Nelson Mandela left money in his will to children and grandchildren, staff and the African National Congress (ANC) but gave nothing to his ex-wife Winnie Madikizela-Mandela, it has emerged.

The family of South Africa’s first black president, who died two months ago aged 95, gathered behind closed doors yesterday at his foundation in Johannesburg to hear the reading of the will, which carves up an estate estimated at 46m rand (£2.52m).

The most conspicuous omission was Madikizela-Mandela, his wife of 38 years during the struggle against racial apartheid. They divorced in 1996 but became close again towards the end of his life and, along with his third wife, Graça Machel, she was at his bedside when he died.

It also emerged that the former president’s daughters, each given $300,000 (£184,000) by him during his lifetime, get no further money now. But Machel’s children and six stepchildren, as well as nine of his staff, all share in his inheritance.

The publication of the will follows a turbulent year of public rows over his estate involving members of the Mandela family, even as their patriarch lay on his deathbed. While the “provisional inventory” of 46m rand appears relatively modest for a global statesman of such stature, the executors of Mandela’s estate said they could not answer questions regarding the destiny of three trusts, which are believed to hold considerably more wealth.

A source close to the process said its eventual disbursement could prove “a massive, treacherous area”, adding: “It could still end up in court. The trusts could be dissolved and the funds in them would go to the family members.”

Mandela married three times and his numerous children and grandchildren have frequently clashed over who leads the family and who should benefit from his lucrative “brand”. Last year, two of his daughters went to court to dispute control over the millions contained in one of the trusts but eventually dropped the action.

The will, first written in 2004 and last amended in 2008, has always been seen as a potential flashpoint. One executor, Dikgang Moseneke, the deputy chief justice of South Africa’s constitutional court, said the reading of the will to the family had been “charged with emotion” but no one had yet contested it. “There were clarifications sought from time to time,” he added.

Mandela’s children each received $300,000 in loans during his lifetime and will have that debt scrapped if it has not been repaid, according to a 40-page summary of the will.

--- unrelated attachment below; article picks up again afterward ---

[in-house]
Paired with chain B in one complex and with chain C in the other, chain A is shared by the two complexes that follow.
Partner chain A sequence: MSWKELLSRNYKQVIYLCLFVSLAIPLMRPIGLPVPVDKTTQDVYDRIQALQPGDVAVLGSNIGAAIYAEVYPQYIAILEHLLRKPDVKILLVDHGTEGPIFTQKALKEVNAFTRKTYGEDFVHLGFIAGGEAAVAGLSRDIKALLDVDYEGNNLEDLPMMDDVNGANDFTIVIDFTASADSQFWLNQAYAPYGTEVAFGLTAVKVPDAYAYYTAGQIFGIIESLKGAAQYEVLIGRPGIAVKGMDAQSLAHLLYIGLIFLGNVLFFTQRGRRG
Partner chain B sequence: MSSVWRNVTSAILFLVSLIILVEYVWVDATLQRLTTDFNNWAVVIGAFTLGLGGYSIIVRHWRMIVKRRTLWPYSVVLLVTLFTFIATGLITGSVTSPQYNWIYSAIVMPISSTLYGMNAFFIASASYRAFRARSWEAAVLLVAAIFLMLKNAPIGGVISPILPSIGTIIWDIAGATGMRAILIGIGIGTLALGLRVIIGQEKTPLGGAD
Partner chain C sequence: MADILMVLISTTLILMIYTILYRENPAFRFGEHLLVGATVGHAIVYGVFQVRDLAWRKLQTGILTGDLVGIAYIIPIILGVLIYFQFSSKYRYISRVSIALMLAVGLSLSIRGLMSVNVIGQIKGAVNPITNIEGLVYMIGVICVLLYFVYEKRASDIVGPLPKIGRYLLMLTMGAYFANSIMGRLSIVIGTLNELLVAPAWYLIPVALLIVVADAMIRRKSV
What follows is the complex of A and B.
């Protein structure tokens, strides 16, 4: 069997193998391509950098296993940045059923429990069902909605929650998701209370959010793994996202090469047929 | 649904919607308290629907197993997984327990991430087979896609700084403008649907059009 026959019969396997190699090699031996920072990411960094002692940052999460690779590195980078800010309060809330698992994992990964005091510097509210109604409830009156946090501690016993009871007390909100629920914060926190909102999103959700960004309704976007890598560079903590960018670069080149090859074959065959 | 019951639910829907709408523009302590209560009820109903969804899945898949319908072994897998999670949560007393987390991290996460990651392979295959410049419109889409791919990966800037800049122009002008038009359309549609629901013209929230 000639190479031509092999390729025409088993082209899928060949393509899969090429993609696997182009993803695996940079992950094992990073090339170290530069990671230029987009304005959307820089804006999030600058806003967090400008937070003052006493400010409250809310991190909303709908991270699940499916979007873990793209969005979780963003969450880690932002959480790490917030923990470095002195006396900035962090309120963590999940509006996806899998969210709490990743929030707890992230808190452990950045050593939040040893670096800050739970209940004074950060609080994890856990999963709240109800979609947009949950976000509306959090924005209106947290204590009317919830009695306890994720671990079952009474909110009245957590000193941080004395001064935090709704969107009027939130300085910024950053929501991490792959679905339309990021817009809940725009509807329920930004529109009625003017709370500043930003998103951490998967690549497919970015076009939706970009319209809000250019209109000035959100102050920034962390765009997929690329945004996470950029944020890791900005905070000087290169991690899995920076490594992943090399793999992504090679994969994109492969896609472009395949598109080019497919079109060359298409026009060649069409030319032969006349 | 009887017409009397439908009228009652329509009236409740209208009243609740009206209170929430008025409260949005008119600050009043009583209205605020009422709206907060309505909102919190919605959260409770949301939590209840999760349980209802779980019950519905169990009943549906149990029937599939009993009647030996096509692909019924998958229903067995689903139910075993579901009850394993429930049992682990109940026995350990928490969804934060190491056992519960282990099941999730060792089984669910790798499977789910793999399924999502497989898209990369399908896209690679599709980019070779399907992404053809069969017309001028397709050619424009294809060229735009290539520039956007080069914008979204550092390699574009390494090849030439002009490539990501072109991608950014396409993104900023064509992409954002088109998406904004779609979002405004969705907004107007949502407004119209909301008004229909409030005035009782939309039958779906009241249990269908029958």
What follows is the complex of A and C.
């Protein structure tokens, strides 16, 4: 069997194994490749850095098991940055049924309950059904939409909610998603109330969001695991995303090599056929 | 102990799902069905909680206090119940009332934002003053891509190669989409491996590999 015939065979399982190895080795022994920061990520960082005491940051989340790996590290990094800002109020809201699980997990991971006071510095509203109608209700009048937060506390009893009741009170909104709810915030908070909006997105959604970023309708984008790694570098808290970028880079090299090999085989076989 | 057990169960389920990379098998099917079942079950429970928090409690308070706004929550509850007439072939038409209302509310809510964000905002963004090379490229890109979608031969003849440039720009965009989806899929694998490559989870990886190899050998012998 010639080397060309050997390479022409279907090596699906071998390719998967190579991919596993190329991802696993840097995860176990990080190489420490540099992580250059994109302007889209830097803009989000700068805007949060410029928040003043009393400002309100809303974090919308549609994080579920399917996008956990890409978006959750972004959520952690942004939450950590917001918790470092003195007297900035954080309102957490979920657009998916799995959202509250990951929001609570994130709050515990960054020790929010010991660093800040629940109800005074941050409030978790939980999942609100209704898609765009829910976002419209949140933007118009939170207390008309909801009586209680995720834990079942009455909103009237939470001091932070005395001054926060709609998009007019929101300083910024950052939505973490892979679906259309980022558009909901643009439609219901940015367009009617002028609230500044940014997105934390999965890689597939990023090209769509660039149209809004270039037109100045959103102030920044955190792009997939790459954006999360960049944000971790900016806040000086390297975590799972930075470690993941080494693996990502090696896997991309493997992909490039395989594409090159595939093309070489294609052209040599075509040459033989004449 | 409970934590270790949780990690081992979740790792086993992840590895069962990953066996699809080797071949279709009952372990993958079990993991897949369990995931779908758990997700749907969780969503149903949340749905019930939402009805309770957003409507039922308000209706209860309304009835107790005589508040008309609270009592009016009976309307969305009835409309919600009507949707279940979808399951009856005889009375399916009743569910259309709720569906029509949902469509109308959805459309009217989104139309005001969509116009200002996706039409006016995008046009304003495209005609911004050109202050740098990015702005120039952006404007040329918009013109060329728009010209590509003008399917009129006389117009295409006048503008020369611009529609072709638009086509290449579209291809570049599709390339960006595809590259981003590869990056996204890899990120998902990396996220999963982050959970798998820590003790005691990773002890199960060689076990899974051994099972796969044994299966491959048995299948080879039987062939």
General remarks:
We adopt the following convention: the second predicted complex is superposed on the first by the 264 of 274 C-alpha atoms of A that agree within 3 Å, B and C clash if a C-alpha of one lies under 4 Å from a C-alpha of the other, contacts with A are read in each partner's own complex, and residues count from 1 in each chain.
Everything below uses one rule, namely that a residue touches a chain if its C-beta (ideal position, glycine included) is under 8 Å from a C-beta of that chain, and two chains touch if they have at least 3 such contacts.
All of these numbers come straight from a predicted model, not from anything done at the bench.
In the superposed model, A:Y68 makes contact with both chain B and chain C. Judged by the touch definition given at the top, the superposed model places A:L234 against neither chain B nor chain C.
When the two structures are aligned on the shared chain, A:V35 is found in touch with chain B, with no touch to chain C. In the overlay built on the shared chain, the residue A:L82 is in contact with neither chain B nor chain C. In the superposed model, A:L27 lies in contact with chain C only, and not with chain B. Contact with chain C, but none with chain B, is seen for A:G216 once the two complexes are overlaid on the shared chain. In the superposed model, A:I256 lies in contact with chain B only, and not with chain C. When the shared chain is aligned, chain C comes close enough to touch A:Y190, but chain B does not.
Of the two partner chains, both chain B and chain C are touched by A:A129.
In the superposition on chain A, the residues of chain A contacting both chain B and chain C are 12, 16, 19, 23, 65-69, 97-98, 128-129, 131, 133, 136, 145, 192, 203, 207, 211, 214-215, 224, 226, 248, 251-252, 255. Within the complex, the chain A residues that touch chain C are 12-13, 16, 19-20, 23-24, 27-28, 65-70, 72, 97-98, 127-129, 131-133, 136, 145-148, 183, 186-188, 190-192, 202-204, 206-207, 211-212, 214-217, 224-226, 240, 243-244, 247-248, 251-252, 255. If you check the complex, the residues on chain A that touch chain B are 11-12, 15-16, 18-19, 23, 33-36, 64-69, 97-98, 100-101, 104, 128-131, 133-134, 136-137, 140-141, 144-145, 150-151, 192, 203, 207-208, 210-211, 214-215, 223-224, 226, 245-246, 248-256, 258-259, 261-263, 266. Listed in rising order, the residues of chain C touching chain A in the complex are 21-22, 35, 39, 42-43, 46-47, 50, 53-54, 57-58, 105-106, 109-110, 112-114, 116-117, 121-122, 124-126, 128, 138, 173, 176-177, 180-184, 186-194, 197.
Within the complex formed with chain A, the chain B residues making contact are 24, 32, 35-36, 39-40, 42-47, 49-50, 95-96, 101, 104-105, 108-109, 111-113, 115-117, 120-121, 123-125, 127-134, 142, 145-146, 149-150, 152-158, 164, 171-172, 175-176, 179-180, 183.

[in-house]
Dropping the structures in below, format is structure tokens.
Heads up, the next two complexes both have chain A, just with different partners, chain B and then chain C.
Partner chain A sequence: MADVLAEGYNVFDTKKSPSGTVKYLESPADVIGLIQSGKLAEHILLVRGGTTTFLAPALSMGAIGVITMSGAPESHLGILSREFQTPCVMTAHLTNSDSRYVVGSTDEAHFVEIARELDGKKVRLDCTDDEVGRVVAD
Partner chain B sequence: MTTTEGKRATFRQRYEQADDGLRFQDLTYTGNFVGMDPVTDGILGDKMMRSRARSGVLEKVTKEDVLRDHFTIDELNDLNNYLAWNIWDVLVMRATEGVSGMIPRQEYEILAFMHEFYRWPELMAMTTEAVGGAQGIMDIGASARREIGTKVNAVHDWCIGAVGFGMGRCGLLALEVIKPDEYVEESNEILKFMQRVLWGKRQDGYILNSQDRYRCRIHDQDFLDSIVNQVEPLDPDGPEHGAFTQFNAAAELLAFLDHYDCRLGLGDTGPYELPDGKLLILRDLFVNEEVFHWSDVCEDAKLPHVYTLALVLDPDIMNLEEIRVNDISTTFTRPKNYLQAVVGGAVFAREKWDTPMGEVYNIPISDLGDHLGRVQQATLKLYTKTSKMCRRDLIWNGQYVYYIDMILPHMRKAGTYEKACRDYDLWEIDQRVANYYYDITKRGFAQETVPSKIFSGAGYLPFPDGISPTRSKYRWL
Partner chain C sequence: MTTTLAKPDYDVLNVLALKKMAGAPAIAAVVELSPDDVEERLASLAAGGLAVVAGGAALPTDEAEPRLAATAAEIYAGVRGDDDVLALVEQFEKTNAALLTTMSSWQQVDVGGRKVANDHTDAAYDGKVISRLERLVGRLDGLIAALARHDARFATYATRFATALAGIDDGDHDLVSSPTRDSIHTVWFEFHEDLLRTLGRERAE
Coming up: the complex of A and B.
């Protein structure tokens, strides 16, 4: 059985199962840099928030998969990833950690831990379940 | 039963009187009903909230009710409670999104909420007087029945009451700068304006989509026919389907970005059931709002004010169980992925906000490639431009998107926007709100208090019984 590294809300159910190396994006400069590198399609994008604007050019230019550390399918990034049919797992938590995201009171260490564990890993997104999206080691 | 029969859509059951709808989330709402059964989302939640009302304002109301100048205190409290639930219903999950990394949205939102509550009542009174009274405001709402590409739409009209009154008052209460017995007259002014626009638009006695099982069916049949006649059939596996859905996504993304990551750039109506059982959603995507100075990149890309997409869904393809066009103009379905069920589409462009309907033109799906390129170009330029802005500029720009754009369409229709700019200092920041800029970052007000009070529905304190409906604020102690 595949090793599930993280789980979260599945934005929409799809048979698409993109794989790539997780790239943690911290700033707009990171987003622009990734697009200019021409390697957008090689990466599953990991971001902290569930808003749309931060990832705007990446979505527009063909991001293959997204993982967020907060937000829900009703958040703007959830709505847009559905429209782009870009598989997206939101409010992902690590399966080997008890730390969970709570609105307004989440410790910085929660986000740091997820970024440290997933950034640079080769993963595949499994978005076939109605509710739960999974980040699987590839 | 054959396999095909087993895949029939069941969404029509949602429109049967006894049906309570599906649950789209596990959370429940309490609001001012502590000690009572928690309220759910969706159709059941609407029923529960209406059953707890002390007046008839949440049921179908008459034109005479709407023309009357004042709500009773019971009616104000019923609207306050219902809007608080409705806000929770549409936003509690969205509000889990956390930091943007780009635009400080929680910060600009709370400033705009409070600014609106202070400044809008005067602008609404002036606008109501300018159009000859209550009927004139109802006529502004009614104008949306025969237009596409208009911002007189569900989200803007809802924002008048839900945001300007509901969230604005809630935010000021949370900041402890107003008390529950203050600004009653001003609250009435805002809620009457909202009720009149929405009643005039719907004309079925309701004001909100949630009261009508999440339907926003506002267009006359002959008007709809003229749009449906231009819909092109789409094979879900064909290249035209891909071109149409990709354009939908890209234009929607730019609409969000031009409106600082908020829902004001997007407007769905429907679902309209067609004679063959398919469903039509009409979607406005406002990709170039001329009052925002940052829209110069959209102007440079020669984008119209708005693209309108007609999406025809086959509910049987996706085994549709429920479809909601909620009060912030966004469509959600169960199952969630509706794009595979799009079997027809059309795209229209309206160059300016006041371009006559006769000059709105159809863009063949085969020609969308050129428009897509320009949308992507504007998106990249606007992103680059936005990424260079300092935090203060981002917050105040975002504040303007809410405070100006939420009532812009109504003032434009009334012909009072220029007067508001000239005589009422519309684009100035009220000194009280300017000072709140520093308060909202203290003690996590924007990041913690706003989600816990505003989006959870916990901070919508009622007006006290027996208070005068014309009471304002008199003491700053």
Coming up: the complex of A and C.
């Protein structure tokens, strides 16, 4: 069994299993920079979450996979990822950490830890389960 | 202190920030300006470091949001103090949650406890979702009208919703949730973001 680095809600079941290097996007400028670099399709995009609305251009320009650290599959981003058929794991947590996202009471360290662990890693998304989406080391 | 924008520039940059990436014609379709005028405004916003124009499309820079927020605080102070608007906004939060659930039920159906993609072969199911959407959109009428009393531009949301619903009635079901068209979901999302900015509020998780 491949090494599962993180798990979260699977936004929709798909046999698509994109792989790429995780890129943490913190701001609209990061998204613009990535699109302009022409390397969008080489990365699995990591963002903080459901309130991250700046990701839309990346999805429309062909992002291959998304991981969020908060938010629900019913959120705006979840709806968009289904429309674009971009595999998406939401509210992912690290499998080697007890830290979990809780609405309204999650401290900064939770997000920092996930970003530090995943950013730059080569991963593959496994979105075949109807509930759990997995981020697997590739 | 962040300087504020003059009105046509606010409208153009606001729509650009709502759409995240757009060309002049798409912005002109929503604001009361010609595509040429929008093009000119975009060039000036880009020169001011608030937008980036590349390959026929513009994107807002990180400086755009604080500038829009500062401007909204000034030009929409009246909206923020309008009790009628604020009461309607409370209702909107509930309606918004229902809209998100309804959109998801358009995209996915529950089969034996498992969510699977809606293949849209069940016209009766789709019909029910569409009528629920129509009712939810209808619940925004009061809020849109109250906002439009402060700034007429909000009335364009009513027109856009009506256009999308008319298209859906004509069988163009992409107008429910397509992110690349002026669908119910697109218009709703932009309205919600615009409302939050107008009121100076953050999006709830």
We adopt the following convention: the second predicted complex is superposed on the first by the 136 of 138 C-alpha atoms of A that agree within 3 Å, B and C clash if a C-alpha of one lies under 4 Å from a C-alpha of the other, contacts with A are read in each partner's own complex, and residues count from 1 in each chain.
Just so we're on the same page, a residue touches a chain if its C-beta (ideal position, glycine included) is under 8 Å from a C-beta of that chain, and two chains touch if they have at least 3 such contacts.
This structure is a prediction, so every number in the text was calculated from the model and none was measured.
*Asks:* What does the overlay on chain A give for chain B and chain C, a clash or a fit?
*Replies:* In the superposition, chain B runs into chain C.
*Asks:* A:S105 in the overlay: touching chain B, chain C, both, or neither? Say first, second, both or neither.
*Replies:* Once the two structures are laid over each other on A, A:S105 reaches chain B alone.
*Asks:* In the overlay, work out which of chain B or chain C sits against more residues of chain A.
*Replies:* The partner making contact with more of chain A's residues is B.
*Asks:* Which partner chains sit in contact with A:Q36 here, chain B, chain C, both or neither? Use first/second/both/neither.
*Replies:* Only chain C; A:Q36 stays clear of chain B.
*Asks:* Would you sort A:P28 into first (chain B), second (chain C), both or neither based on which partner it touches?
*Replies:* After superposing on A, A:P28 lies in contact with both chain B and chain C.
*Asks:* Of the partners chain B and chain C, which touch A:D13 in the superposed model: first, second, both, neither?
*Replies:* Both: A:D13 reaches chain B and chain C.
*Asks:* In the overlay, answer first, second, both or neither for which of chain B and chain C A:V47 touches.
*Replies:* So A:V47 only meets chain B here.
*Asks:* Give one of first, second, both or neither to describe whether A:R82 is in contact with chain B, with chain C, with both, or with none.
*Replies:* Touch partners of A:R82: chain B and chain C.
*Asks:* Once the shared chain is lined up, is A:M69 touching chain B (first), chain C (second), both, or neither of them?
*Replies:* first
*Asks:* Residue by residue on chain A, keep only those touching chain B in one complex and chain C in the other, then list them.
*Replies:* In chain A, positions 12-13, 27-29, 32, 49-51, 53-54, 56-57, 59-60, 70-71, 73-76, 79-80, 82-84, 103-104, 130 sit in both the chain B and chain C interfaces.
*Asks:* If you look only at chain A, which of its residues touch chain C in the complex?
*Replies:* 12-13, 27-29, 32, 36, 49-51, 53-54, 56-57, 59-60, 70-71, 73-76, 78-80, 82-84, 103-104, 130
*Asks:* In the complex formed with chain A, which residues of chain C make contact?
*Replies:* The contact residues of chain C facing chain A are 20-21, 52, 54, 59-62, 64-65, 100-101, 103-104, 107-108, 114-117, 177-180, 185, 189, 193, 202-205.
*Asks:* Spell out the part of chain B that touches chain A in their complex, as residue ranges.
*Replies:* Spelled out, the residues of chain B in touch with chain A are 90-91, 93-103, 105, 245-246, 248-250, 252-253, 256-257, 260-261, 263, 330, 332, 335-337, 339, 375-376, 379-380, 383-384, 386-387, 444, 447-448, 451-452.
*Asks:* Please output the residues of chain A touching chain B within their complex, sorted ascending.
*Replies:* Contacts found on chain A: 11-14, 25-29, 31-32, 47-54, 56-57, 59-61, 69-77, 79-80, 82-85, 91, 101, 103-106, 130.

His eldest grandson, Mandla, who has had several brushes with the law, receives $300,000 but only if approved by a family trust, whereas some of the other grandchildren will have their inheritances paid directly.

However, Mandela’s eldest granddaughter, Ndileka, also receives nothing now because of a previous loan. “The only reaction you can have is to accept the content of the will,” she said. “It’s the last testament of a person who died. There’s no disappointment. It is what it is.”

Asked if other family members were disappointed, she replied: “I will speak on my behalf. I’m fine with things the way they are. Everybody should work for their own wealth. Anything you get in a will is a bonus.”

Lawyers said Machel is likely to waive her right by marriage to half the Mandela estate, opting instead to receive four properties in Mozambique and other assets including cars and jewellery. If she does so, the two children she had with the late Mozambican president Samora Machel will receive 3m rand each from Mandela’s will, and six children from Samora Machel’s previous marriage will inherit 100,000 rand each.

Royalties from Mandela’s books, including his autobiography Long Walk to Freedom, and other projects, as well as his homes in Johannesburg, Cape Town, Qunu and Mthatha were left to a family trust.

Three executors will now be tasked with winding up the estate and carrying out Mandela’s wishes: Moseneke, George Bizos, a lawyer and friend of Mandela for 65 years, and Themba Sangoni, the chief judge in Eastern Cape province, where Mandela was born.

A tearful Bizos said he was not surprised that the assets were small compared with some of African history’s more egregious rulers. “Mr Mandela said: ‘If you want to please me, build a school or, if you have the money, build a school and a clinic.’ That makes him different from people in South Africa or elsewhere where people seek favours for their own benefit … The will was a summary of his wishes throughout his life so there was no surprise there.”

He described the reading of the will as very civilised and a good meeting. Asked if he thought it would mark the end of the family feuds, Bizos replied: “I hope so.”

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